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J Cell Biol. 1995 September 2; 130(6): 1447–1459.
PMCID: PMC2120579

Intracellular routing of wild-type and mutated polymeric immunoglobulin receptor in hippocampal neurons in culture

Abstract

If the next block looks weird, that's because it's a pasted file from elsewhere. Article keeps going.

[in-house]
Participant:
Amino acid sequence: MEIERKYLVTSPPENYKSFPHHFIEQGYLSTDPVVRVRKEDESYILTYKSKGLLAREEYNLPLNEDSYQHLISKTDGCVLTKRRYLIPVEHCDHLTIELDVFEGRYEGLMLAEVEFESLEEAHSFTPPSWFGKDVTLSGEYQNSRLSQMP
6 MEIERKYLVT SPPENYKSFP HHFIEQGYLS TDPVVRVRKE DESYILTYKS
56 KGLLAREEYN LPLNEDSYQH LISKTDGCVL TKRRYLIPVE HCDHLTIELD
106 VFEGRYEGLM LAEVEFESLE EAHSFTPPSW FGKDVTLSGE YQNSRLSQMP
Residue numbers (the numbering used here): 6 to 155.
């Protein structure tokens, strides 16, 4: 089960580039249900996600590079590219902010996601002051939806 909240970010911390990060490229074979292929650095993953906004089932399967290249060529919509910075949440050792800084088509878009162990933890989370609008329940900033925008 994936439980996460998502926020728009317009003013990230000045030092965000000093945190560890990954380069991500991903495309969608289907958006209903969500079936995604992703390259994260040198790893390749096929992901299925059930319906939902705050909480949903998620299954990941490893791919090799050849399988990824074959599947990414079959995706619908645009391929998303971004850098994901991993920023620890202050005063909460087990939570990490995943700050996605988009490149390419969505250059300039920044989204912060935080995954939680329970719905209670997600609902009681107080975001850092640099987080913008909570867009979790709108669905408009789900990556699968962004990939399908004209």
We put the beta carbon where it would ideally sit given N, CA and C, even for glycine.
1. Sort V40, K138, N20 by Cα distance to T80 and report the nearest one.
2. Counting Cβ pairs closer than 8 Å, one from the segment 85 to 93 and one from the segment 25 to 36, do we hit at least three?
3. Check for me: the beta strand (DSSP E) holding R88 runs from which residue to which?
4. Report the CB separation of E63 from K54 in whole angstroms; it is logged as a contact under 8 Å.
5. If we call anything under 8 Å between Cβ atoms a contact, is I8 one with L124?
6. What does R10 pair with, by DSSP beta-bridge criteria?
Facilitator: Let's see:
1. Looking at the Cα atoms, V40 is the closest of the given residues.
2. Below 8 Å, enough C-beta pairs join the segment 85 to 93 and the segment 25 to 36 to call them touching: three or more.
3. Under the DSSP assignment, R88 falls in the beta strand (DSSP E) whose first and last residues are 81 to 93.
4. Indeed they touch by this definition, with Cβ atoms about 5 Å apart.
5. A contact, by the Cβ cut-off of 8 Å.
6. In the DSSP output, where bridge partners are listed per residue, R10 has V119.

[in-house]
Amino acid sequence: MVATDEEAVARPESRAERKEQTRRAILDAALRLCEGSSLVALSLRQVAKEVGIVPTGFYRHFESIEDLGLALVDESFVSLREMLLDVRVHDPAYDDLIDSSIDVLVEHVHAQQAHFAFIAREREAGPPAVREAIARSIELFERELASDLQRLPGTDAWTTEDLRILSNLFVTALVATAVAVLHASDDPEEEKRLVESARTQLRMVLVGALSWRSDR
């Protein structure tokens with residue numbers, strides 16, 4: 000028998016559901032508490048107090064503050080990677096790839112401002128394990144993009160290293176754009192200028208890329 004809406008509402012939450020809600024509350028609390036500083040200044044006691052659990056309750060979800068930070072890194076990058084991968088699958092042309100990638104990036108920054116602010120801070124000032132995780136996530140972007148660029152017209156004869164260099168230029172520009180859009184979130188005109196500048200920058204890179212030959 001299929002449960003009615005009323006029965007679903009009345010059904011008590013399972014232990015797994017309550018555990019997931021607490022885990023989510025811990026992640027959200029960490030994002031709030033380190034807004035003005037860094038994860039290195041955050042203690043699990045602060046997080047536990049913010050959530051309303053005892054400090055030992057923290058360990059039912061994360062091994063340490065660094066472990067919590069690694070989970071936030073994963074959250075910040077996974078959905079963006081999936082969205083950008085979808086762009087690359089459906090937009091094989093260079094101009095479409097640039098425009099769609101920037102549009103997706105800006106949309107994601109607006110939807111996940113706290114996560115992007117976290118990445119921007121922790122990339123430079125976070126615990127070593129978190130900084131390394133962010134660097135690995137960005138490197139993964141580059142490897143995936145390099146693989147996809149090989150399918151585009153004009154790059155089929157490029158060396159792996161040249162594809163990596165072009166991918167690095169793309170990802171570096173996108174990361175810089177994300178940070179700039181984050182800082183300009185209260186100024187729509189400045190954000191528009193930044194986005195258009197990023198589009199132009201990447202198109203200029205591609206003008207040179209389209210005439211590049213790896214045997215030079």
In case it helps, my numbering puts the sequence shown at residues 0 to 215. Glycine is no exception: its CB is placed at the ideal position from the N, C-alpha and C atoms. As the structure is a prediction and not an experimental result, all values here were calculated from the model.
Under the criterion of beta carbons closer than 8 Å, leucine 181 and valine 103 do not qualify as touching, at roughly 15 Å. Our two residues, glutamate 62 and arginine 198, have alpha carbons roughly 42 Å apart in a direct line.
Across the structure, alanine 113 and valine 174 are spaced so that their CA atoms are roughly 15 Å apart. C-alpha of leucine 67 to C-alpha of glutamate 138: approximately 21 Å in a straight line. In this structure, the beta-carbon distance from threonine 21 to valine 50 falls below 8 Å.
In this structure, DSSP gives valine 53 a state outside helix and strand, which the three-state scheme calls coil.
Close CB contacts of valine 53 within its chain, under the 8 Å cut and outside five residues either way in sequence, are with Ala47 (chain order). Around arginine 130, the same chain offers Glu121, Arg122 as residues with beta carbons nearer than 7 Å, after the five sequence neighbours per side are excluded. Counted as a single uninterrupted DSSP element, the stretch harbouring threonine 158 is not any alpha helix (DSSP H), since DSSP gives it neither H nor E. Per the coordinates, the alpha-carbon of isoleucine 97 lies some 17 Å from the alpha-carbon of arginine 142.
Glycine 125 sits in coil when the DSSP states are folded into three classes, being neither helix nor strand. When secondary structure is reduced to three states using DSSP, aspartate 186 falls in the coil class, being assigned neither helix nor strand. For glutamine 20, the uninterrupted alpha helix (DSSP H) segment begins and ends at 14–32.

Certain epithelial cells synthesize the polymeric immunoglobulin receptor (pIgR) to transport immunoglobulins (Igs) A and M into external secretions. In polarized epithelia, newly synthesized receptor is first delivered to the basolateral plasma membrane and is then, after binding the Ig, transcytosed to the apical plasma membrane, where the receptor-ligand complex is released by proteolytic cleavage. In a previous work (Ikonen et al., 1993), we implied the existence of a dendro-axonal transcytotic pathway for the rabbit pIgR expressed in hippocampal neurons via the Semliki Forest Virus (SFV) expression system. By labeling surface-exposed pIgR in live neuronal cells, we now show (a) internalization of the receptor from the dendritic plasma membrane to the dendritic early endosomes, (b) redistribution of the receptor from the dendritic to the axonal domain, (c) inhibition of this movement by brefeldin A (BFA) and (d) stimulation by the activation of protein kinase C (PKC) via phorbol myristate acetate (PMA). In addition, we show that a mutant form of the receptor lacking the epithelial basolateral sorting signal is directly delivered to the axonal domain of hippocampal neurons. Although this mutant is internalized into early endosomes, no transcytosis to the dendrites could be observed. In epithelial Madin-Darby Canine Kidney (MDCK) cells, the mutant receptor could also be internalized into basolaterally derived early endosomes. These results suggest the existence of a dendro-axonal transcytotic pathway in neuronal cells which shares similarities with the basolateral to apical transcytosis in epithelial cells and constitute the basis for the future analysis of its physiological role.

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